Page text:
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Sexual Risk Behaviors among Men Who Have Sex with Men: Implications for the Delivery of New HIV Prevention Interventions


Recent clinical trial results suggest that new HIV prevention interventions, such as pre-exposure prophylaxis and treatment as prevention, protect against HIV infection. However, several barriers to widespread implementation of these interventions have been identified. In response to some of these challenges, many argue that new HIV prevention interventions should only be delivered to high-risk populations within integrated HIV prevention programs that consist of biomedical, behavioral, and structural interventions. In the United States, men who have sex with men (MSM) remain the most heavily HIV affected population, and thus will likely be the target of such programs. This dissertation aims to inform the development of MSM-specific HIV prevention programs by providing a better understanding of the situations in which new prevention strategies could have the greatest impact within this population.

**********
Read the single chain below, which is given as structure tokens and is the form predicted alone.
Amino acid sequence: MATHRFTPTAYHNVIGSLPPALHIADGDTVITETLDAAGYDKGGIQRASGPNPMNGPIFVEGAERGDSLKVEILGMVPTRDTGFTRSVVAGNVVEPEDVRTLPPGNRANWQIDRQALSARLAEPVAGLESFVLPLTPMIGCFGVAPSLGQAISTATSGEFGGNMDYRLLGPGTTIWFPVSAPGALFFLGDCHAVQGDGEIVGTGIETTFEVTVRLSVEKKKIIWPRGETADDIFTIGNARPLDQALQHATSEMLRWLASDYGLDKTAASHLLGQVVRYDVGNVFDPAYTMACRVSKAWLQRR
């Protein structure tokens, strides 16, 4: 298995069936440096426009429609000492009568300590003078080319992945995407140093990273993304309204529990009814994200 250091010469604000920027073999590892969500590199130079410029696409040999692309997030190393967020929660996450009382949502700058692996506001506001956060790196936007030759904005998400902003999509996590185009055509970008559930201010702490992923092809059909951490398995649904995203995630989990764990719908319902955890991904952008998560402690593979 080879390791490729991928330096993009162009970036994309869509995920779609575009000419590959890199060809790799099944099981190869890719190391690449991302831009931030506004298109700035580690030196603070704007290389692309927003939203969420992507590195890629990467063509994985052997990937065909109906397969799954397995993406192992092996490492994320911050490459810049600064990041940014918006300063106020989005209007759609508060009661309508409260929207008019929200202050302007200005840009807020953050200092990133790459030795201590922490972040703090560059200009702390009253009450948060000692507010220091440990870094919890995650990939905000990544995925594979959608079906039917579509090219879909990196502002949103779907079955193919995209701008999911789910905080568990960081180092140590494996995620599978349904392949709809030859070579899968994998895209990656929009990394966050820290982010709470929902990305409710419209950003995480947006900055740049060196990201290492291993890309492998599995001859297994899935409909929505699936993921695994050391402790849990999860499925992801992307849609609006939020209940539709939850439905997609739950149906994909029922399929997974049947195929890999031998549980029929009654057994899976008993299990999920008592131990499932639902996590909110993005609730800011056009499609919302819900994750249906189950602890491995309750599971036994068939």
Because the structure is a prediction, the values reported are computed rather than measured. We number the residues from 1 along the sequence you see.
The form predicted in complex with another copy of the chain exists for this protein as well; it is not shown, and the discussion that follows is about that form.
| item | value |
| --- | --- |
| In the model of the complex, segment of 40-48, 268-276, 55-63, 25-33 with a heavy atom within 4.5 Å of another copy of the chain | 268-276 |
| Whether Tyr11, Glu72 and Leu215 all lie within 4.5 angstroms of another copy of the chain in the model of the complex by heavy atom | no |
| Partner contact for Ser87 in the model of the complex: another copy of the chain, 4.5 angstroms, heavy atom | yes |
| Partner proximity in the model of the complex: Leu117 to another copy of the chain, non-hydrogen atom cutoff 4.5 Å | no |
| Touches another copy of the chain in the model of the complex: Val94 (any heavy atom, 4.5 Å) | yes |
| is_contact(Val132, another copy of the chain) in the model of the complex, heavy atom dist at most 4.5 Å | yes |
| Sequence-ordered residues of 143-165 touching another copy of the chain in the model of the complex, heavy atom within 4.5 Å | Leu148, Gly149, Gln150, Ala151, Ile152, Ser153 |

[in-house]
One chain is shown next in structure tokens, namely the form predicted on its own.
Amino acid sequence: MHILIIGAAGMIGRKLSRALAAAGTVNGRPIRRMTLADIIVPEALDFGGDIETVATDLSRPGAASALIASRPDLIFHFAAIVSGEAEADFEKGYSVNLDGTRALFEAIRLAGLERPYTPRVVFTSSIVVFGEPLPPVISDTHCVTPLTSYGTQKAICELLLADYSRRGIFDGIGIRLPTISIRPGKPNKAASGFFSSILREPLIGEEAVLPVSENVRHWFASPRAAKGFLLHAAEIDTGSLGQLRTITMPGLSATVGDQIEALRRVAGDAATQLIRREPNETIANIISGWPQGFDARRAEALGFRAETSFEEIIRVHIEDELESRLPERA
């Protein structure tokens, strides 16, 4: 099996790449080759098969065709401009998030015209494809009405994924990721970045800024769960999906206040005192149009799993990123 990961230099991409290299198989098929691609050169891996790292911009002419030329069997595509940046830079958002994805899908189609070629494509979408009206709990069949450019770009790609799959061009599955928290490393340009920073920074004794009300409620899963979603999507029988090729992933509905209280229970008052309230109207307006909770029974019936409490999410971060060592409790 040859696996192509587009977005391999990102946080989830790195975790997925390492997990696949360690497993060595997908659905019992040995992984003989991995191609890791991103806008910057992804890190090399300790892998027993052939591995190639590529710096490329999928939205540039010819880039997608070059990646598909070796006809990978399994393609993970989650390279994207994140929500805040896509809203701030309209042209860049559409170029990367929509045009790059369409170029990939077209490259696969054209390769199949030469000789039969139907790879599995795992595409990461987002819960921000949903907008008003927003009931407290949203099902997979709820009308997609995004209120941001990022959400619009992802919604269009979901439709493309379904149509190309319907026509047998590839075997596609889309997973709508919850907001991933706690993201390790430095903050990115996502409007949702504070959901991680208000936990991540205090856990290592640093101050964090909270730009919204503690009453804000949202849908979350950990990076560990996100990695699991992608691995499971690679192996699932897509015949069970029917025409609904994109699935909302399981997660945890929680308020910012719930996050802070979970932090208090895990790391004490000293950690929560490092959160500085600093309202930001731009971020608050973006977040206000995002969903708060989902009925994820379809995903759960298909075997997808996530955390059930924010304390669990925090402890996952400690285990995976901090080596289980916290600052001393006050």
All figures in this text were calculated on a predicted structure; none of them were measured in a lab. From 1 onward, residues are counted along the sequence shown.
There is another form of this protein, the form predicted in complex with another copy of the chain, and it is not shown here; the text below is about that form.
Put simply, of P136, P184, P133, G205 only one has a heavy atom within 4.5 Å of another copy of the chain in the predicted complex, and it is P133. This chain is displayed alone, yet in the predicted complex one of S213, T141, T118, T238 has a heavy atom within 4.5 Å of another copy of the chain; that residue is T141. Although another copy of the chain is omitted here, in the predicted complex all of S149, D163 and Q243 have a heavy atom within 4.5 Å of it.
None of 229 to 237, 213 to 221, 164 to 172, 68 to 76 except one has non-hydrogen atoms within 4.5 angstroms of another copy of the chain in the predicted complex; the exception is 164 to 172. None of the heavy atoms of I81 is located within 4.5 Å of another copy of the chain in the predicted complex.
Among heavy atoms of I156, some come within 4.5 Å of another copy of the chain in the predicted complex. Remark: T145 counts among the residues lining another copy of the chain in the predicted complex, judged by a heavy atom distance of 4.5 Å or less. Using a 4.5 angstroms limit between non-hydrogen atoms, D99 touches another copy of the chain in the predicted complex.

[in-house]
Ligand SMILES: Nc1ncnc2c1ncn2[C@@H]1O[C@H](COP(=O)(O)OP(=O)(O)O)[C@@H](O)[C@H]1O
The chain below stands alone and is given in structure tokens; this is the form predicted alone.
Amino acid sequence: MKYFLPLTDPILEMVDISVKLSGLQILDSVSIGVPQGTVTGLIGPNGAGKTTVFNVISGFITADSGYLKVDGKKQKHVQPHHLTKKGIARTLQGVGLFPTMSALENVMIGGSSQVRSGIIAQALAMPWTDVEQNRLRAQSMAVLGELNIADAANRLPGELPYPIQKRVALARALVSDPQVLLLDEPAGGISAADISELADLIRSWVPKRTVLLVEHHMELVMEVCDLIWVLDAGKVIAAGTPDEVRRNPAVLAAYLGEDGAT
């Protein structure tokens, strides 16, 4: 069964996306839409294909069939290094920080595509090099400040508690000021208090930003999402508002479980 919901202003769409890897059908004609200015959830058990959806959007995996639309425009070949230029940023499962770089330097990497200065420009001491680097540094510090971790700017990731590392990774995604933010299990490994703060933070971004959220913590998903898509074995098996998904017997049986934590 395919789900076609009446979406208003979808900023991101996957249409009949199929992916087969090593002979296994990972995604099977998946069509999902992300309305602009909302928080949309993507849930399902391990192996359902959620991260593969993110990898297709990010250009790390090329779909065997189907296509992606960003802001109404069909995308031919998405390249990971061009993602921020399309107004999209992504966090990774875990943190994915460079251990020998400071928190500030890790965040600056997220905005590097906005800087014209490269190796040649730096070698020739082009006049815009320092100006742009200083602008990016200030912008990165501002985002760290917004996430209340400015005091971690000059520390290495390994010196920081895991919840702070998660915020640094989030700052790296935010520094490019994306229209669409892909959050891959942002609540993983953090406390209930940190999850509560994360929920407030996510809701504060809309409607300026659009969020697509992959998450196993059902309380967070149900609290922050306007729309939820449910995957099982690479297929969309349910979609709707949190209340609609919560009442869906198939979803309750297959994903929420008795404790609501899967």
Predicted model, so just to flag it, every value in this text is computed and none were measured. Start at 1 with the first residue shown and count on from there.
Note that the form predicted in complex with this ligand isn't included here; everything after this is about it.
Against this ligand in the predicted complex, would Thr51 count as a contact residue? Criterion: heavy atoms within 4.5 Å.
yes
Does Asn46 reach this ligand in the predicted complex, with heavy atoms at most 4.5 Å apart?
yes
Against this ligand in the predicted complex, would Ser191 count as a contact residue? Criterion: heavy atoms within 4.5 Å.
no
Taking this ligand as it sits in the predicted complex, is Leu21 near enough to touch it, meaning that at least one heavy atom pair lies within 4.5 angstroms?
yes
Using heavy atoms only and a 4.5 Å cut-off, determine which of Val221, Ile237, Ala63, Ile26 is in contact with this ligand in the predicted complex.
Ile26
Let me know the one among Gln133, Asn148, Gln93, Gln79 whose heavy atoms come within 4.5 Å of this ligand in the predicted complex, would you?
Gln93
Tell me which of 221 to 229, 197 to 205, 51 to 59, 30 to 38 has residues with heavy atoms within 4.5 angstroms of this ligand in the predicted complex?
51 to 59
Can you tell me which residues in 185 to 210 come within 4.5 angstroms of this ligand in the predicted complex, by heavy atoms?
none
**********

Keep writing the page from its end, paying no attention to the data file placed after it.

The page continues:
More specifically, this dissertation examines longitudinal patterns of sexual risk behavior, socio-demographic and behavioral factors associated with partnership type and serostatus, and individual-level and sexual event-level predictors of condom use during receptive anal intercourse among MSM. Chapter 2 is based on data from the Multicenter AIDS Cohort Study (MACS) and demonstrates that HIV-negative MSM exhibit distinct sexual risk trajectories and that those following a high risk trajectory exhibit "seasons of risk" over time. Chapter 3 also uses data from the MACS to show that the reported number of male sexual partners is associated with partnership type and serostatus and that the magnitude and direction of this relationship differs by HIV status. Chapter 4 is based on longitudinal data from a cohort of racially/ethnically diverse HIV-negative MSM followed for one year in Los Angeles, and demonstrates that the effect of methamphetamine use on condom use during receptive anal intercourse at the sexual event-level is greatest in the context of non-main partnerships. Findings from this dissertation expand the current understanding of risk behaviors among MSM, and have implications for the development of integrated HIV prevention programs for MSM in the United States.

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